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The Exercise and Valuation of Executive Stock Options

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Journal of Financial Economics 48 (1998) 127—158 The exercise and valuation of executive stock options1 Jennifer N. Carpenter* Stern School of Business, New York University, New York, NY 10012-1126, USA Received 25 March 1996; received in revised form 1 June 1997 Abstract In theory, hedging restrictions faced by managers make executive stock options more difficult to value than ordinary options, because they imply that exercise policies of managers depend on their preferences and endowments. U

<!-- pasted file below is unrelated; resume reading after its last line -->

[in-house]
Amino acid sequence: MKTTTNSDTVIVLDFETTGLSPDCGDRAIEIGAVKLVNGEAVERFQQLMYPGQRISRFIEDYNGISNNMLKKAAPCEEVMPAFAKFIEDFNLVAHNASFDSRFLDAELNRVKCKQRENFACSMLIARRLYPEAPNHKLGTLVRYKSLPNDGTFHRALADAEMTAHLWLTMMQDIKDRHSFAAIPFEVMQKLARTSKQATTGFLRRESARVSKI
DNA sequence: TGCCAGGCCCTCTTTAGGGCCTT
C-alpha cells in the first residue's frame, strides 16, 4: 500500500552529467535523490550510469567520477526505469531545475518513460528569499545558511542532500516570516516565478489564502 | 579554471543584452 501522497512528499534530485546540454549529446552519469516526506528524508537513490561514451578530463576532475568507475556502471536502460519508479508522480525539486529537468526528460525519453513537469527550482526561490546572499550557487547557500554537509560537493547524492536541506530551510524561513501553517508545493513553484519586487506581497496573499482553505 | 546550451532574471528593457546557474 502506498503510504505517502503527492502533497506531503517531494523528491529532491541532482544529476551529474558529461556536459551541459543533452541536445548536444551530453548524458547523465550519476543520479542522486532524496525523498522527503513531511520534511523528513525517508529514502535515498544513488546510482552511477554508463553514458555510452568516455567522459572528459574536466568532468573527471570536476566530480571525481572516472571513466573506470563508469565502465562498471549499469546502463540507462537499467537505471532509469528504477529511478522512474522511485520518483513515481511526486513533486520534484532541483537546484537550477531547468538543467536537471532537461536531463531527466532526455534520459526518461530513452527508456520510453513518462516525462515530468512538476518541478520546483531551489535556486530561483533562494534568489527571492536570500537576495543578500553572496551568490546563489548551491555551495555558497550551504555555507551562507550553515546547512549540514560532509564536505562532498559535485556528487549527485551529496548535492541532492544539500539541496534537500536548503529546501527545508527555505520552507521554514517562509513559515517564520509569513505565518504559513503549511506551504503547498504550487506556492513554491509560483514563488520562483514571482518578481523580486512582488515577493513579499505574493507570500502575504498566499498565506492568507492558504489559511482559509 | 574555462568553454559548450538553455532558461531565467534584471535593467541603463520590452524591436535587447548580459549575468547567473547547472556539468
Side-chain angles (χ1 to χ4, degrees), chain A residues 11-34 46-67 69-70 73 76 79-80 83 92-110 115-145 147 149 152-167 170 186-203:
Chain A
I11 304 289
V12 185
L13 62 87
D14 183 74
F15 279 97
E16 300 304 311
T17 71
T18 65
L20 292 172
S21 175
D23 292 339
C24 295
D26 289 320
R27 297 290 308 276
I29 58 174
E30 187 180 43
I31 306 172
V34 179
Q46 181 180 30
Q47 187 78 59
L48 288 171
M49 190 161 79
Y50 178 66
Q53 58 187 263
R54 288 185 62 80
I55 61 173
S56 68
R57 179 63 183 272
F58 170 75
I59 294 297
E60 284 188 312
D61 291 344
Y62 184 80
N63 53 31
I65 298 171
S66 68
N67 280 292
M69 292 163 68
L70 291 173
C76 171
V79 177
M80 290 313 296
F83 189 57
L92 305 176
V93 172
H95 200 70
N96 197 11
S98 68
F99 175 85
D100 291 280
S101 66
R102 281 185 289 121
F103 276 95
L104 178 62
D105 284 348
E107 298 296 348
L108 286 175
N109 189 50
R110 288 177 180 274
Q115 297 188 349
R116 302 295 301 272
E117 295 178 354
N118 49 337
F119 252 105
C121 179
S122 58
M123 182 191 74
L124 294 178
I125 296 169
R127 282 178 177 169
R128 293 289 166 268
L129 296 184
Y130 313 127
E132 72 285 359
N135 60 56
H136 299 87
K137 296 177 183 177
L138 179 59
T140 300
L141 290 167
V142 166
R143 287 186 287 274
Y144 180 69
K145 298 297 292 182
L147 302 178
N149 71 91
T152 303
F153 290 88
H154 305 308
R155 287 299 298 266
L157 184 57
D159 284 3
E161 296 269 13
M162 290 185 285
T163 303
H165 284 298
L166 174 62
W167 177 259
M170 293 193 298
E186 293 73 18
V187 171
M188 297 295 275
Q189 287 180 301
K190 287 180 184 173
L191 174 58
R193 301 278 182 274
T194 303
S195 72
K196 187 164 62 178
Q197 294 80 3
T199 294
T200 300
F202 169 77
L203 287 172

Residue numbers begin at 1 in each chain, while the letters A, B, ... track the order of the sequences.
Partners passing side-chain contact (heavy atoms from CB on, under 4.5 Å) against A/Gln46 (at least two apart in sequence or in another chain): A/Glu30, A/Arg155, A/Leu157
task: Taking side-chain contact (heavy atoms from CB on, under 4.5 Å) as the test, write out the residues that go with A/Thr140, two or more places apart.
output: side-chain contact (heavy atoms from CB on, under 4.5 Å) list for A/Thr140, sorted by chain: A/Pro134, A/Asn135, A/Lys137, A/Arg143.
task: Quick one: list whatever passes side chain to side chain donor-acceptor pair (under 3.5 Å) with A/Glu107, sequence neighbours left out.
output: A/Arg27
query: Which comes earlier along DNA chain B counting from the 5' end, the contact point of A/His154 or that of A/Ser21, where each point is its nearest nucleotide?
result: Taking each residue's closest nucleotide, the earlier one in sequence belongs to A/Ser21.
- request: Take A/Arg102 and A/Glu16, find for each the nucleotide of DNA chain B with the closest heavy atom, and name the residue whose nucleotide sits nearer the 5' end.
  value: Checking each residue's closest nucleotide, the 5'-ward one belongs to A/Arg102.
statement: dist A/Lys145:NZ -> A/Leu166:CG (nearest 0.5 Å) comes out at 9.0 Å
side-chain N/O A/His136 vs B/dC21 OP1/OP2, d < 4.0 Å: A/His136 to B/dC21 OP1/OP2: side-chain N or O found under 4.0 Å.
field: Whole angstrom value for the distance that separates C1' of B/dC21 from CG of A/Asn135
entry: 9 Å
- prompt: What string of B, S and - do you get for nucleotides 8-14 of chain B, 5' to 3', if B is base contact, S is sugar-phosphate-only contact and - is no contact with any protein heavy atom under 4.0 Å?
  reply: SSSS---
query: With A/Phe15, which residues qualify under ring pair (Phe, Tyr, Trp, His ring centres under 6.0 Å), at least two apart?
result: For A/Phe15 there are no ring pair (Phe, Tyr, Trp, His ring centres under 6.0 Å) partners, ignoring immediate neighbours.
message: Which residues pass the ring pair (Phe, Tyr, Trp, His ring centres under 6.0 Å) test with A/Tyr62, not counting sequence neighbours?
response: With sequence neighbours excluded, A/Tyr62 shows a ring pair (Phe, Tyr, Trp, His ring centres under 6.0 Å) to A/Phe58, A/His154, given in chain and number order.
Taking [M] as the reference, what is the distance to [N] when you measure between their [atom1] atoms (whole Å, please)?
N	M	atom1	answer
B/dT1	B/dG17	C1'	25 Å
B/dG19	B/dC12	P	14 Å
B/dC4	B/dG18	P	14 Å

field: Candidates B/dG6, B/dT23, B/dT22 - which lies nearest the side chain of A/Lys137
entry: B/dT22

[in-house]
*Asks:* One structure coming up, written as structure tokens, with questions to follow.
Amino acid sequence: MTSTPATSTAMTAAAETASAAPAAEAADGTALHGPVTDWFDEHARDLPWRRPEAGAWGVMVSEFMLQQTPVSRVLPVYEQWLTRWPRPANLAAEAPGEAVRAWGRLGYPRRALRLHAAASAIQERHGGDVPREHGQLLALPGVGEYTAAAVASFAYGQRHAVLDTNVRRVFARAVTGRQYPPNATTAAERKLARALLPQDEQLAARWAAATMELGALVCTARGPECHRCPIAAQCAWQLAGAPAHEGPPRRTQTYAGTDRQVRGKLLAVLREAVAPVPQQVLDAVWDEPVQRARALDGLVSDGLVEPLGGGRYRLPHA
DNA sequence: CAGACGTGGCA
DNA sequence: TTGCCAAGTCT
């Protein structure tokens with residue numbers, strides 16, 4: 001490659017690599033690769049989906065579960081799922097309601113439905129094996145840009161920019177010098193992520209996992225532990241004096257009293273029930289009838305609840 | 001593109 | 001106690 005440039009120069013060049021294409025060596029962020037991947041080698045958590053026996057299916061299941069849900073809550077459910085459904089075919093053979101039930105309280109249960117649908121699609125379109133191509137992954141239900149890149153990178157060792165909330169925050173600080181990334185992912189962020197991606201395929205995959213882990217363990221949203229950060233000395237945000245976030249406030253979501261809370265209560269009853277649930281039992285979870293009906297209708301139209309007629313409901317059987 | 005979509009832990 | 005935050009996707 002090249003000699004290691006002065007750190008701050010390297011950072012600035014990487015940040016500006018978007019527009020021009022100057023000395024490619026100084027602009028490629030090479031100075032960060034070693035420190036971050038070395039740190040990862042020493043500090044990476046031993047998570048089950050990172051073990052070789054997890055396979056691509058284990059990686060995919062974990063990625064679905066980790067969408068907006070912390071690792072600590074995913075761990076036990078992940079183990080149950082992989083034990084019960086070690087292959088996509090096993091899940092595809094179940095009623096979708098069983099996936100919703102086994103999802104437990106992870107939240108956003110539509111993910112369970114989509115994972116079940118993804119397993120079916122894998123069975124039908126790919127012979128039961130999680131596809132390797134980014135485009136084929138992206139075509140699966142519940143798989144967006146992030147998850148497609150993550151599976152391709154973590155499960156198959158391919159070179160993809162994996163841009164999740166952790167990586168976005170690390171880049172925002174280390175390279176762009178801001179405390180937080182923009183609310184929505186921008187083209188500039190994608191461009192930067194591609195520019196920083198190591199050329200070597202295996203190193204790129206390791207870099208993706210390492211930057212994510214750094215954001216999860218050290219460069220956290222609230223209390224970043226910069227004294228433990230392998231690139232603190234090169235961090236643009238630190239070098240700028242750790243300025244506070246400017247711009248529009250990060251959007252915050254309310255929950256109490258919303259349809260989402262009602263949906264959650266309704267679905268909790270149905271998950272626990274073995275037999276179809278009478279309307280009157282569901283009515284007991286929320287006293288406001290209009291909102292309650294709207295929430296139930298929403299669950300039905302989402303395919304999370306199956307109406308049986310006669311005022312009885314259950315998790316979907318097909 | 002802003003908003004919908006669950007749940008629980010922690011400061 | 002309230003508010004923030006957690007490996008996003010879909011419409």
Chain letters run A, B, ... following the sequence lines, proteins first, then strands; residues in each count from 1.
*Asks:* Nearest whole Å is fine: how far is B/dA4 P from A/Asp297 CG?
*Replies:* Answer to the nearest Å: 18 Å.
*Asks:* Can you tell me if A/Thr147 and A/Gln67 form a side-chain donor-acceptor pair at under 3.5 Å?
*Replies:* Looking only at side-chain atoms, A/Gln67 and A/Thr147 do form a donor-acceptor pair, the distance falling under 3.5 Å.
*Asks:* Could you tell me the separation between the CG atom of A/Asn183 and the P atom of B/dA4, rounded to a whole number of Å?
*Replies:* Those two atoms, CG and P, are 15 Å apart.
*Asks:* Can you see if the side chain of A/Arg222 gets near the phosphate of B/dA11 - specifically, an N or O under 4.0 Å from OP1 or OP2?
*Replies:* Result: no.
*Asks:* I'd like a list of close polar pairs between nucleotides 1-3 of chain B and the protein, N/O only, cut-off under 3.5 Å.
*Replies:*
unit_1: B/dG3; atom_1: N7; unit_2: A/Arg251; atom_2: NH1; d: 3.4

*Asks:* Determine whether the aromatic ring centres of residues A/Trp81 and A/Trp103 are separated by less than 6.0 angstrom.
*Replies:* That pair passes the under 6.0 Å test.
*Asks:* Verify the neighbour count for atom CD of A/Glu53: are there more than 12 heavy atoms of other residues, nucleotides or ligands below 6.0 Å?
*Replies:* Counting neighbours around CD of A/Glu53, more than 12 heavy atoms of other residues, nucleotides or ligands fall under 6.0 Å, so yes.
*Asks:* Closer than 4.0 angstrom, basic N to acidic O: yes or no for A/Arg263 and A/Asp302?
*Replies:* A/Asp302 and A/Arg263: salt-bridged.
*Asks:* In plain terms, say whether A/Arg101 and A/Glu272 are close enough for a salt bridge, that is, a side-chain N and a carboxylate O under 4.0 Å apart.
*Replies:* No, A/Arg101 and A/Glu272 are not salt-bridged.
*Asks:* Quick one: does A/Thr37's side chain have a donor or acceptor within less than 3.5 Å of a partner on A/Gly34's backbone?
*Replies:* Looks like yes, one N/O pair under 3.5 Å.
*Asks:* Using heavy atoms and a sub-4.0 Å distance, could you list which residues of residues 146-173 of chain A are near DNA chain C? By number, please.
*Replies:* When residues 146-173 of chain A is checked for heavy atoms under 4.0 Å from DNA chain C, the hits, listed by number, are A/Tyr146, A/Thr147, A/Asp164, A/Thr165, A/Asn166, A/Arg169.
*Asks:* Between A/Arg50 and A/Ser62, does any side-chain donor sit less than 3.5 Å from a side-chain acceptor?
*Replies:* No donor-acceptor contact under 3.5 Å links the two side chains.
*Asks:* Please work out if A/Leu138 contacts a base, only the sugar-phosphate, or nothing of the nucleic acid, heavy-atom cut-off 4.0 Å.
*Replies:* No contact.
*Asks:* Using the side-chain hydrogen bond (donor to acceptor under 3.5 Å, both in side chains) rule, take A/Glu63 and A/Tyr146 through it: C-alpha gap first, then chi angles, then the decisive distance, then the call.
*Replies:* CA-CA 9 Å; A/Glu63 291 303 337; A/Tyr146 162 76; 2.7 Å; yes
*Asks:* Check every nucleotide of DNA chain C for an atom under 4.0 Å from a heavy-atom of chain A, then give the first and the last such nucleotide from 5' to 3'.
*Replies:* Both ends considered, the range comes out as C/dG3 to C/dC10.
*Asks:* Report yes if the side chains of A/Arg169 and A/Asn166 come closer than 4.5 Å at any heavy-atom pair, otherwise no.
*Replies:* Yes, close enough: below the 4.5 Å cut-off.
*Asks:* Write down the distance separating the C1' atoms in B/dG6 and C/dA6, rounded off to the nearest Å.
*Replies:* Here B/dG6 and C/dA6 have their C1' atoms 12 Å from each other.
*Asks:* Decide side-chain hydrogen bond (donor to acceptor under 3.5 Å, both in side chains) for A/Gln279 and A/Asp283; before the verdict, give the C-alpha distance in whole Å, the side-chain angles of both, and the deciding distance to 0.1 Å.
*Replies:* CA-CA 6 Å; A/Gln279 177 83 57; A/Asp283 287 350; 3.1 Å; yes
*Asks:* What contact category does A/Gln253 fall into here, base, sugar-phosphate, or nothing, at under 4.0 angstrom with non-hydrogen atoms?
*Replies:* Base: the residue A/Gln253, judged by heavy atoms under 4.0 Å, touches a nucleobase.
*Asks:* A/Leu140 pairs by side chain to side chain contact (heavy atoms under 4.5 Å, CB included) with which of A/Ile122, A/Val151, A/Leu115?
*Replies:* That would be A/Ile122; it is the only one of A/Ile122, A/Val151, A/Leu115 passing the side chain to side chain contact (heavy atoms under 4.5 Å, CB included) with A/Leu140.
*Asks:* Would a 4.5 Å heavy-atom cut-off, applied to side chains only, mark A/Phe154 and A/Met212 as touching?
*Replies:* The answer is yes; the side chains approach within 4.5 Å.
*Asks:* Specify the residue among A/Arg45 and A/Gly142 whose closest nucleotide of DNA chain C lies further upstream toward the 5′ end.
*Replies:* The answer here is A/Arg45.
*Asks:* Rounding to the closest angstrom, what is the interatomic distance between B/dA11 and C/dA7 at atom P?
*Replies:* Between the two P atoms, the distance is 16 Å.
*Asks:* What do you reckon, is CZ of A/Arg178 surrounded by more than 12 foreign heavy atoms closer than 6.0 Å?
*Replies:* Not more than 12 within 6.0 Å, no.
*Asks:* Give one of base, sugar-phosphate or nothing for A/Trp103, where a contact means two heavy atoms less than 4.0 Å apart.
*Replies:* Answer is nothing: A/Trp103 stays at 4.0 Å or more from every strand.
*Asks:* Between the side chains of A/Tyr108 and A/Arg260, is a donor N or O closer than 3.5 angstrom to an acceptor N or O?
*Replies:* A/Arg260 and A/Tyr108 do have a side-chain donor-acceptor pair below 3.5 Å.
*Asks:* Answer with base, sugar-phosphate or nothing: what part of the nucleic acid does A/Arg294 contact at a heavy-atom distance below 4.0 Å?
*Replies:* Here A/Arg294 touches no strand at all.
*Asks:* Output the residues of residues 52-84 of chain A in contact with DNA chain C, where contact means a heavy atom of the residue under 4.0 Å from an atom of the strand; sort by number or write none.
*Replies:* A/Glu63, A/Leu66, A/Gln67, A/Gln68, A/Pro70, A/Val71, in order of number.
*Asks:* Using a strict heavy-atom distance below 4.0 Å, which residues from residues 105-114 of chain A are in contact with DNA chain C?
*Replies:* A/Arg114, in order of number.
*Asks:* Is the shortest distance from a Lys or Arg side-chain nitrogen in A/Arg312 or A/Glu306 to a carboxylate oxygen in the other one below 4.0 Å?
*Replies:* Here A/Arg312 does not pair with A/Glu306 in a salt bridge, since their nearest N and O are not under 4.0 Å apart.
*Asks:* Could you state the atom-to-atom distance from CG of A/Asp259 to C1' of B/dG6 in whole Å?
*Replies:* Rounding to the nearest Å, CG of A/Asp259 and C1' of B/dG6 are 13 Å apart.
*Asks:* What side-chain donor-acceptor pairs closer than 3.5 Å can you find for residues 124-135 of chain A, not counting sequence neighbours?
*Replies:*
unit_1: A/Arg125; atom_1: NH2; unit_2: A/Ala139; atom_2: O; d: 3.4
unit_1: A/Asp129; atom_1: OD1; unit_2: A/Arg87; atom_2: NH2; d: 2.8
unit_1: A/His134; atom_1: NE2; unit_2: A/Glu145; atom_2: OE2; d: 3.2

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  Journal of Financial Economics 48 (1998) 127 —  158 The exercise and valuation of executive stock options  Jennifer N. Carpenter * Stern School of Business, New York Uni v ersity, New York, NY 10012-1126, USA Received 25 March 1996; received in revised form 1 June 1997 Abstract In theory, hedging restrictions faced by managers make executive stock options moredifficult to value than ordinary options, because they imply that exercise policies of managers depend on their preferences and endowments. Using data on option exercisesfrom 40 firms, this paper shows that a simple extension of the ordinary American optionmodel which introduces random, exogenous exercise and forfeiture predicts actualexercise times and payoffs just as well as an elaborate utility-maximizing model thatexplicitly accounts for the nontransferability of options. The simpler model couldthereforebemoreusefulthanthepreference-basedmodelforvaluingexecutiveoptionsinpractice.    1998 Elsevier Science S.A. All rights reserved.  JEL classi  fi cation:  G13; J33; M41  Keywords:  Executive stock options; Exercise policy; Option valuation; Nontransferableoption; Utility maximization 1. Introduction With the explosive growth in the use of stock options as executive compensa-tion, investors, economists, and accountants have become increasingly concerned * Corresponding author. Tel.: 212 998 0352; fax: 212 995 4233; e-mail: jcarpen0 @ stern.nyu.edu.  This article is based on a chapter of my dissertation. I would like to thank my committeemembers, Sanford Grossman, Bruce Grundy, David Larcker, Robert Litzenberger, and RobertStambaugh, as well as Yakov Amihud, Pierluigi Balduzzi, Giovanni Barone-Adesi, Edwin Elton,Kose John, Craig Mackinlay,Eli Ofek, Krishna Ramaswamy,Robert Reider, Matthew Richardson,Clifford Smith (the editor), Marti Subrahmanyam, Mark Vargus, David Yermack, and especiallyKevin Murphy (the referee) for helpful comments and suggestions.0304-405X/98/$19.00    1998 Elsevier Science S.A. All rights reserved PII  S0304-405X(97)00045-7  about the cost of these options to shareholders. Any researcher or practitionertryingto value a firm must assess the value of the claim on equity that executiveoptions represent. Executive option valuation is also important to corporateboards and compensation consultants, and is even becoming an issue outsidethe U.S., in countries such as the U.K., Japan, and India.Becausetheseoptionsarenottransferable,theiroptimalexercisepolicydiffersfromthat of ordinaryoptions.This feature makesthese optionsmoredifficult tovalue than ordinary options. This problem has thwarted the efforts of theFinancial Accounting Standards Board (FASB) over the last decade to developa standard requiring firms to deduct the cost of options from earnings. Thispaper shows that a simple model combining the ordinary American optionexercise policy with random, exogenous early exercise and forfeiture describesexercise patterns in a sample of 40 firms just as well as an elaborate utility-maximizing model that explicitly accounts for the nontransferability of options.Becausetheexercisepoliciesofexecutivesareacrucialdeterminantofthecostof these options to shareholders, this result suggests that the simpler model isequally good for valuing options. Thus, while opponents of the proposed FASBstandard have argued that the need to account for nontransferability makesoptionvaluationtoo complex,theresults heresuggestthat it is possibleto valueexecutive options in practice.The nontransferabilityof the options means that their value to executivescanbe different from their cost to shareholders. The focus of this paper, like that of the FASB debate, is on the cost of the options to shareholders. This cost is theamount that an unrestricted outside investor would pay for such options. Thisamount is like the value of ordinary American options, with one importantdifference. Exercise decisions for executive options are not made by the outsideinvestor, but rather by the executives, who cannot trade or hedge the optionsand therefore might not make the same exercise decisions as unconstrainedoptionholders.For example,executivesmightexercisetheiroptionsearlierthanusualforthe purposeof diversificationor liquidity.Theymight also be forcedtoexercise early or forfeit options upon separation from the firm. Other factors,such as taxes or inside information, might lead to late exercise.In order to value executive stock options, that is, in order to estimate thecompany’sopportunity cost, we need an understandingof the exercise decisionsof executives. While the effects of hedging restrictions on the exercise policies of risk-averse executives may be complex in theory, their practical impact onexercise patterns represents an empirical question. To address this question,I compare two models of a representative option holder’s exercise policy. Thefirst, a simple extension of the ordinary American option model, introduces anexogenous ‘stopping state’, in which the executive automatically exercises orforfeits the option. This state arrives with some fixed probability, given as the‘stopping rate’, each period. The stopping state serves as a proxy for anythingthat causes the executive to stop the option early, including the desire for 128  J.N. Carpenter  /   Journal of Financial Economics 48 (1998) 127  —  158  liquidity, voluntary or involuntary employmenttermination, or any other eventrelevant to executives but not to unrestricted option holders. The model isessentially a binomial version of the continuous-time model of Jennergren andNaslund (1993). The second model assumes the executive exercises the optionaccording to a policy that maximizes expected utility subject to hedging restric-tions, as in Huddart (1994) and Marcus and Kulatilaka (1994). This utility-maximizing model not only includes a stopping state, but also includes otherunobservable factors, such as the executive’s risk aversion, his outside wealth,and his potential gain from voluntary separation.Iffactorsunderlyingthetwo modelswereobservable,wecouldsimplycomputeexercise patterns under both models and compare these patterns with actualexercises from a sample of options. Given that the factors are not observable,I start by calibrating the models, choosing factor values that make modeledexercisepayoffs, times,and cancellationratesbest matchsampleaverages. Next,Iexamine the performanceof the calibratedmodels in predicting actual exercisepatterns for a sample of 40 firms with data from the period 1979 to 1994.I expect the utility-maximizing model to perform better than the extendedAmerican option model because it has more flexibility and allows for richerforms of interaction between early exercises, or forfeitures, and the level of thestock price. Surprisingly, the two calibrated models perform almost identically.Tobesurethattheutility-maximizingmodelcandono better,I also examineitsperformance under a variety of other parametrizations. In no case does theutility-maximizing model outperform the extended American option model.One conclusion is that the stopping rate is essentially a sufficient statistic forthe utility parameters. More broadly, the results suggest that exercise patternscan be approximately replicated merely by imposing a suitable stopping rate,without the need to make assumptions about executive risk aversion, diversifi-cation,andthevalueof newemployment.Thisimpliesthatasimpleextensionof the usual binomial model can be adequate for valuing executive stock options.The simpler model also comes closer to meeting accounting standards of observability and verifiability than does a model that requires assumptionsabout the risk preferences of executives.Forthepurposeofcomparison,Ialsocomputeoptionvaluesaccordingtothemethodthat theFASB recommends,which is an extensionof theBlack —  Scholes(1973) model that replaces thestated expiration date withtheoption’sexpected life.To first order, the FASB method approximates the value that the option wouldhave if the stopping time were independent of the stock price. The option valueundertheFASBmethodislessthaneitheroftheothertwoestimatedoptionvalues.The remaining sections are organized as follows. Section 2 reviews the exist-ing literature on executive stock options. Section 3 develops a theoreticalframework for option valuation, establishes the link between option valuationand the executive’s exercise policy, and presents the two alternative models.Section 4 compares the ability of the models to explain actual exercise behavior  J.N. Carpenter  /   Journal of Financial Economics 48 (1998) 127  —  158  129  in a sample of NYSE and AMEX firms. Section 5 discusses the choice of a suitable stopping rate, and Section 6 concludes. 2. Previous research Because of the difficulty in obtaining adequate data on option grants andexercisesfrom publicsources,little empiricalresearchexistson employeeoptionexercise patterns. Since the expansion of Securities Exchange Commision (SEC)disclosurerequirementsin 1992, firms have provideddisaggregated informationabout option grants in proxy statements. However, before that date, proxy state-ments typically disclosed just the average strike price and a range of expirationdatesofnewlygrantedoptions.HuddartandLang(1996)studyexercisebehaviorina sample of eight firms that volunteered internal records on option grants andexercises from 1982 to 1994. They find a pervasive pattern of option exerciseswell before expiration. They also examine the ability of different variables topredict months with intense exercise activity. For example, they find a positiverelation between option exercise activity and recent stock price appreciation.A numberof other empiricalpapers use data on option grants to estimate thevalue of executive stock options using the Black —  Scholes (1973) formula, asadjusted for dividends by Merton (1973). These include Antle and Smith (1985),Foster et al. (1991), and Yermack (1995). For example, Yermack (1995) reportsthat options represented about one-third of the average compensation of chief executive officers in 1990 and 1991, based on their Black —  Scholes value.The importance of executive stock options and the heat of the FASB valu-ation controversy have inspired a variety of theoretical papers about optionvaluation. Huddart (1994) and Marcus and Kulatilaka (1994) develop binomialmodels of the exercise policy that maximizes the expected utility of optionholders when they are unable to sell or hedge their options. Other papers, suchas Cuny and Jorion (1995) and Jennergren and Naslund (1993), focus instead onthe impact on option value of the possibility that the executive may leave thefirm, thereby forfeiting or exercising the option. Examples of this effect alsoappear in Rubinstein (1995). These papers all consider the value of the optionfrom the viewpoint of the option writer. By contrast, Lambert et al. (1991) usecertainty equivalents to value the option in a utility-based framework from theoption holder’s point of view. In earlier work, Smith and Zimmerman (1976)provide bounds on executive stock option value. 3. Executive stock option valuation StandardAmericanoptionpricingtheoryassumesthatholdersofoptionscantrade freely. This assumption implies that the option holder will exercise the 130  J.N. Carpenter  /   Journal of Financial Economics 48 (1998) 127  —  158